10 years after Mountie slaying, Hay River, N.W.T., remembers Const. Christopher Worden

'Every year we talk about Chris,' says Hay River resident Kevin Wallington, who was a town councillor the day Const. Worden was shot and who helps organize an annual vigil.

Const. Worden and Const. Doug Scott were killed within 1 month of each other in 2007

Const. Christopher Worden, 30, was killed while on duty in Hay River, N.W.T., in 2007. Ten years later, people in the community are remembering him in an annual service. (Virtual War Memorial)
Ten years ago today, Const. Christopher John Worden, aged 30, responded alone to a call for assistance in Hay River, N.W.T.

He was shot four times in the early morning hours while chasing a suspect on foot.

It's a night the community has refused to forget.

"Every year we talk about Chris," said Hay River resident Kevin Wallington, who was a town councillor at the time and who helps organize an annual vigil.

Wallington says Worden was known for helping break down barriers between at-risk youth and police.

"It's our responsibility to take up the work of building a community and investing in people and doing the kind of things we saw Chris do, both as a member and a member of our community."

'A horrible day'

Vince Mckay, a volunteer firefighter of 22 years, was a first responder on the morning Worden was shot.

"Anyone who was in the department, I'm sure, will never forget that day," said Mckay. "A horrible day."

McKay remembers getting to know Worden while helping him train to become a St. John Ambulance instructor.

Const. Doug Scott was killed one month later in Kimmirut, Nunavut. (RCMP)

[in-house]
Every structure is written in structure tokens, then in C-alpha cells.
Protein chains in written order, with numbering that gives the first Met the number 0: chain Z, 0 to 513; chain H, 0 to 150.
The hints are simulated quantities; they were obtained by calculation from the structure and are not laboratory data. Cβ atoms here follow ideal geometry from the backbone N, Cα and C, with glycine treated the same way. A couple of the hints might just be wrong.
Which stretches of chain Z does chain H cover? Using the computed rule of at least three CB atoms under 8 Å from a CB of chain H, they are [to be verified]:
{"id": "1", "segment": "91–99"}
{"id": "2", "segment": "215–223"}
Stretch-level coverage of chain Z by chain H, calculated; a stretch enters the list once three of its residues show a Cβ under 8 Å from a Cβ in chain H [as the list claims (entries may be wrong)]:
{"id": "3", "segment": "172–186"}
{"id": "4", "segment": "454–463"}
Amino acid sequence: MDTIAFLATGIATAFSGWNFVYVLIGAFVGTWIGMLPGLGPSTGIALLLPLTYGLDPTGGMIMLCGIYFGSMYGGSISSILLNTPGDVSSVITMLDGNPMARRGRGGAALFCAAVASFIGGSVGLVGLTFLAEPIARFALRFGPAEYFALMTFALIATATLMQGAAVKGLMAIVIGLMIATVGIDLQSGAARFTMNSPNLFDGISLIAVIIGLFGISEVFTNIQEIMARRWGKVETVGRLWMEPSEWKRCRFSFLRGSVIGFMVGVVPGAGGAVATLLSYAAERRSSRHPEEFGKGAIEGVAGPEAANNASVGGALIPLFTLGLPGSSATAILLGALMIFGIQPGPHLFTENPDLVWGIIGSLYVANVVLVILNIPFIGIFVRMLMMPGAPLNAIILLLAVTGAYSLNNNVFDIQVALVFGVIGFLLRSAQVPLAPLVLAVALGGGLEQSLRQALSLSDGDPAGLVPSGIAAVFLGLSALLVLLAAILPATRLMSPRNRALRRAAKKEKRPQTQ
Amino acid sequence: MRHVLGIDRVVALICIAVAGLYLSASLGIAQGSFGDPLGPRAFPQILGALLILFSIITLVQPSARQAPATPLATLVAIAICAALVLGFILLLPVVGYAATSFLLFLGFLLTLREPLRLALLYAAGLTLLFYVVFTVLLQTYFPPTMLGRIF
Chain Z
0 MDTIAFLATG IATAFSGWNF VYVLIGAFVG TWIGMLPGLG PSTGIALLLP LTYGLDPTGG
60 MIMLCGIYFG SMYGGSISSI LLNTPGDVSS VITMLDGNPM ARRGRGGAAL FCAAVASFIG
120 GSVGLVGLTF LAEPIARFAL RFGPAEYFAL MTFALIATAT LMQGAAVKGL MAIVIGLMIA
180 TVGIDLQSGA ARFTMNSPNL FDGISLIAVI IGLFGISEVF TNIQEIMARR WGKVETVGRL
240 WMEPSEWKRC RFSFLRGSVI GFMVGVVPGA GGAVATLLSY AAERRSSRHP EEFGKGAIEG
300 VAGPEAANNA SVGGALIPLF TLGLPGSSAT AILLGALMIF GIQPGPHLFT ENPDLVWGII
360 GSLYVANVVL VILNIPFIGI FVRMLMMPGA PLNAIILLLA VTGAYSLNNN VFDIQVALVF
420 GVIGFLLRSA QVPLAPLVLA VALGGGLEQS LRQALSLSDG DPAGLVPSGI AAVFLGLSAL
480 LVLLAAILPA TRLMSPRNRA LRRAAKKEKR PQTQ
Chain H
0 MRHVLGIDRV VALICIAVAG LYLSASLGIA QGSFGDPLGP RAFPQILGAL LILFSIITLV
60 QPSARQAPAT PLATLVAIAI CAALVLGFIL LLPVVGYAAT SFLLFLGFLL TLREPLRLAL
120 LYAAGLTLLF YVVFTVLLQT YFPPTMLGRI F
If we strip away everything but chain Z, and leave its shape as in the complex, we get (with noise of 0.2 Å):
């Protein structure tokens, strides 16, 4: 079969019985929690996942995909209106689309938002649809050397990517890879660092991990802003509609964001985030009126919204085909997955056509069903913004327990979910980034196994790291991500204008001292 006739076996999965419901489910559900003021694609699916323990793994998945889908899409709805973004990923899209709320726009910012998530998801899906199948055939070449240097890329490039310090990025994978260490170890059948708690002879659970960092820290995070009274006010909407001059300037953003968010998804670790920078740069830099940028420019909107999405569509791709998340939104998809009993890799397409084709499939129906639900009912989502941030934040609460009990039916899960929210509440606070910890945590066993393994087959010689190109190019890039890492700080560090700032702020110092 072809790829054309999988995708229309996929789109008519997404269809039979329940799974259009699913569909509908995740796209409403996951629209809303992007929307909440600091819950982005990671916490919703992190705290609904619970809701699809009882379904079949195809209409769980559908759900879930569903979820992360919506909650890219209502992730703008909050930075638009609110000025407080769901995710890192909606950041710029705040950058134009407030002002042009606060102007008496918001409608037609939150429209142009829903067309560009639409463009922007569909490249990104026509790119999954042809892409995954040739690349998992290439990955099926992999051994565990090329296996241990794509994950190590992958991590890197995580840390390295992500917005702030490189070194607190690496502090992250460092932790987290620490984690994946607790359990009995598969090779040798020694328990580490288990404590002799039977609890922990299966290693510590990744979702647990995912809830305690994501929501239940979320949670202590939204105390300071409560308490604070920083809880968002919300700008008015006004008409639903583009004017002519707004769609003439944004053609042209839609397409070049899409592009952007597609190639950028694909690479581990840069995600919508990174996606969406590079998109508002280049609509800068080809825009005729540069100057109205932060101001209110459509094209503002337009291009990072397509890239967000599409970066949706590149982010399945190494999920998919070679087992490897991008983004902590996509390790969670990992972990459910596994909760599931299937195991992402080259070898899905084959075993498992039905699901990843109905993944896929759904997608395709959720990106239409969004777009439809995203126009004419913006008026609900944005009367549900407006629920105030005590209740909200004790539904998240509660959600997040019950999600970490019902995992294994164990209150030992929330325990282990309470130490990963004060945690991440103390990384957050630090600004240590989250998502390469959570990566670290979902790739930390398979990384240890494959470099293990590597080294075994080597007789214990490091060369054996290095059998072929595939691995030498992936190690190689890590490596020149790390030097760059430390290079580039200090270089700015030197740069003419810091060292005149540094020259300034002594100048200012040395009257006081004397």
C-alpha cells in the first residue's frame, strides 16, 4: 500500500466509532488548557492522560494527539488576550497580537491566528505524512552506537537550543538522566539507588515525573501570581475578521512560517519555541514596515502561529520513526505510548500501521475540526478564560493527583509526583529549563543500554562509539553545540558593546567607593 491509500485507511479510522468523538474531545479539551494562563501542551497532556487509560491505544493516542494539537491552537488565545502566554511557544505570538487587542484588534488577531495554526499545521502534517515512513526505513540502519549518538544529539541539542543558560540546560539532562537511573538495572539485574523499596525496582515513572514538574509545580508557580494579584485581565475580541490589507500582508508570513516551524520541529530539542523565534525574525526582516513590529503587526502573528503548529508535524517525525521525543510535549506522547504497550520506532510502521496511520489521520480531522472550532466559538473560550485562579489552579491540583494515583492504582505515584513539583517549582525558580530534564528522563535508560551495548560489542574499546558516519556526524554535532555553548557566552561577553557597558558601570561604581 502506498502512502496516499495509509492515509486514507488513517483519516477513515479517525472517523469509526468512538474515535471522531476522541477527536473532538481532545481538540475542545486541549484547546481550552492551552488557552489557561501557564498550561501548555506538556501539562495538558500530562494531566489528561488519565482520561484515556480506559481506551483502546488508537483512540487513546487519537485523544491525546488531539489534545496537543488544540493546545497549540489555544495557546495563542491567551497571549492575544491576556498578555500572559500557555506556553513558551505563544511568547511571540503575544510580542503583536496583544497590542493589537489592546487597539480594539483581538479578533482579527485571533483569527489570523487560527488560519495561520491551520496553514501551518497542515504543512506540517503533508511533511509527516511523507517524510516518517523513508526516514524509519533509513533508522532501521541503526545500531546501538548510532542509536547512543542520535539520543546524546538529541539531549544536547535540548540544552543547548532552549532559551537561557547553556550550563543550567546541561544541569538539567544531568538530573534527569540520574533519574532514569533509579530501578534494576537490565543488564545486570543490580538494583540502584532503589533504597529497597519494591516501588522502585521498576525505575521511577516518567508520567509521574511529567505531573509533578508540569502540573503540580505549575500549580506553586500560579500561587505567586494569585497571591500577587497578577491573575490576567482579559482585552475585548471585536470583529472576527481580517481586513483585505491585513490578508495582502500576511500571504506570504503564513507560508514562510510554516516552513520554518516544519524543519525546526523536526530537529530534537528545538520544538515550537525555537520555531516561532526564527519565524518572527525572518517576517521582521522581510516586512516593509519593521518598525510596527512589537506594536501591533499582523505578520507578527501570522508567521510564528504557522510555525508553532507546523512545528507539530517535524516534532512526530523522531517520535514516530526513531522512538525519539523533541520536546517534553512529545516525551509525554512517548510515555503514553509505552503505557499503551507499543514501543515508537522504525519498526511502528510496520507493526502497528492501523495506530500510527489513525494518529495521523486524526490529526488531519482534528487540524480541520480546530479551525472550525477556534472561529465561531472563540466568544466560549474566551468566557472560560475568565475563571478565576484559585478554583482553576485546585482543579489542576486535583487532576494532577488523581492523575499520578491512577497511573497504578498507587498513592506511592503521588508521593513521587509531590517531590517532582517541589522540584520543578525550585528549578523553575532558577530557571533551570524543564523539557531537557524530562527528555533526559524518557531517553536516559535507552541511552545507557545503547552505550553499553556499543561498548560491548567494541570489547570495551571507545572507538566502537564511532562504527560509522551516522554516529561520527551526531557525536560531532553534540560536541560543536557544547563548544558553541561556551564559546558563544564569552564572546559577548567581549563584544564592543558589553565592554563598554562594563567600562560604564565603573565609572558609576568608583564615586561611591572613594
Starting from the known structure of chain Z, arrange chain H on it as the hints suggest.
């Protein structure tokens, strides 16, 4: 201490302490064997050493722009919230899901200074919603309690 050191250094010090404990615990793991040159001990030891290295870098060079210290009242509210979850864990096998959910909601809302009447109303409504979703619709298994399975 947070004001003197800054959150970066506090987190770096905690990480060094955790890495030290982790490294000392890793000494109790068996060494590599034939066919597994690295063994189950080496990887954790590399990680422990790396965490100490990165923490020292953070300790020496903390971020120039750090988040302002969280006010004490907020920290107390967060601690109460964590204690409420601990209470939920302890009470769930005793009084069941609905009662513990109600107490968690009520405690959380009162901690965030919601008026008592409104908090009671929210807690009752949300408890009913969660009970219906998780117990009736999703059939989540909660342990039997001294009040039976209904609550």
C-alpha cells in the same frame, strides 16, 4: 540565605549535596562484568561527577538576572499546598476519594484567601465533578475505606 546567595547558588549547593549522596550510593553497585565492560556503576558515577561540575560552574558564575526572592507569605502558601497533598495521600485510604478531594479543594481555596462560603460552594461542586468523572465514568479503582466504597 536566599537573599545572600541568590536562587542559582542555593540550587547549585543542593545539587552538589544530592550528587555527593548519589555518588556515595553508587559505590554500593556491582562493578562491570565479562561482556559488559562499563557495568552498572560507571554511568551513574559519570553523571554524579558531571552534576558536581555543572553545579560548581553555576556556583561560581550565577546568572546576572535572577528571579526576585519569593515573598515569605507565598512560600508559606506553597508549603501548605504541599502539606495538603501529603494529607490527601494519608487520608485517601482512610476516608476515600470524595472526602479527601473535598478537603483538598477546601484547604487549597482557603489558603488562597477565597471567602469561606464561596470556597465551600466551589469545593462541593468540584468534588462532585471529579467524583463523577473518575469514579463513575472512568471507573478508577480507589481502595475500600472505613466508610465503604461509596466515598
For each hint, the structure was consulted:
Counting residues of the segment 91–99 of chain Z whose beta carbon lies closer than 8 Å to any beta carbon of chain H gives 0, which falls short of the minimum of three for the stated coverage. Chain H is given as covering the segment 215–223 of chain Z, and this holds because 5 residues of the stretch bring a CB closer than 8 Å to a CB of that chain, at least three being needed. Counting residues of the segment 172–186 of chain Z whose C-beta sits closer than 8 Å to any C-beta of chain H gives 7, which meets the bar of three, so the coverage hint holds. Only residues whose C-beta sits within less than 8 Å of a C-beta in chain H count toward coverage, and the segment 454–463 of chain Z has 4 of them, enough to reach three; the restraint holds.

When he got the call that an officer was "missing," he was shocked to learn who it was.

Now, he says, he thinks each year about the wife and daughter Worden left behind.  

McKay blames, in part, the drug trade in Hay River for Worden's death.

Emrah Bulatci, then 25, was in Hay River to sell cocaine when Worden stopped him and tried to arrest him. Bulatci was later found guilty of first-degree murder.

"We use this vigil to remind ourselves we have to keep up a stand against all drugs."

The community has since created drug free zones for youth and a program to keep the light on in the school gym after hours.

Backup policy change

Worden's death, as well as that of Const. Doug Scott, 20, who was shot to death in Kimmirut, Nunavut, just one month later, prompted a change to the RCMP's backup policy. They now require two officers to respond to any violent or potentially violent situation.

The N.W.T. no longer has one-member detachments.

Though the RCMP says it does not have statistics on the number of members who respond to calls for service, CBC is aware of at least one case where an officer responded to a call about a woman being beaten in Fort Good Hope, N.W.T. in 2014.

RCMP staff vacancies may also pose a threat to that policy. The N.W.T.'s "G" Division had a vacancy rate of 8.9 per cent as of April 1.

'It's a comfort,' says brother

The annual vigil makes a difference to at least one of Worden's family members.

"Every year this time we get the same welling up of sadness," says Peter Worden, Christopher's youngest brother, from Revelstoke, B.C.

"Every year we hear from the friends and everyone up North. It's a comfort."

The 10th anniversary vigil begins at 6:30 p.m. at Hay River town council chambers, and will continue to the RCMP detachment, where words from Worden's parents and his widow will be read by candlelight.

Commanding officers from Yellowknife RCMP also plan to attend.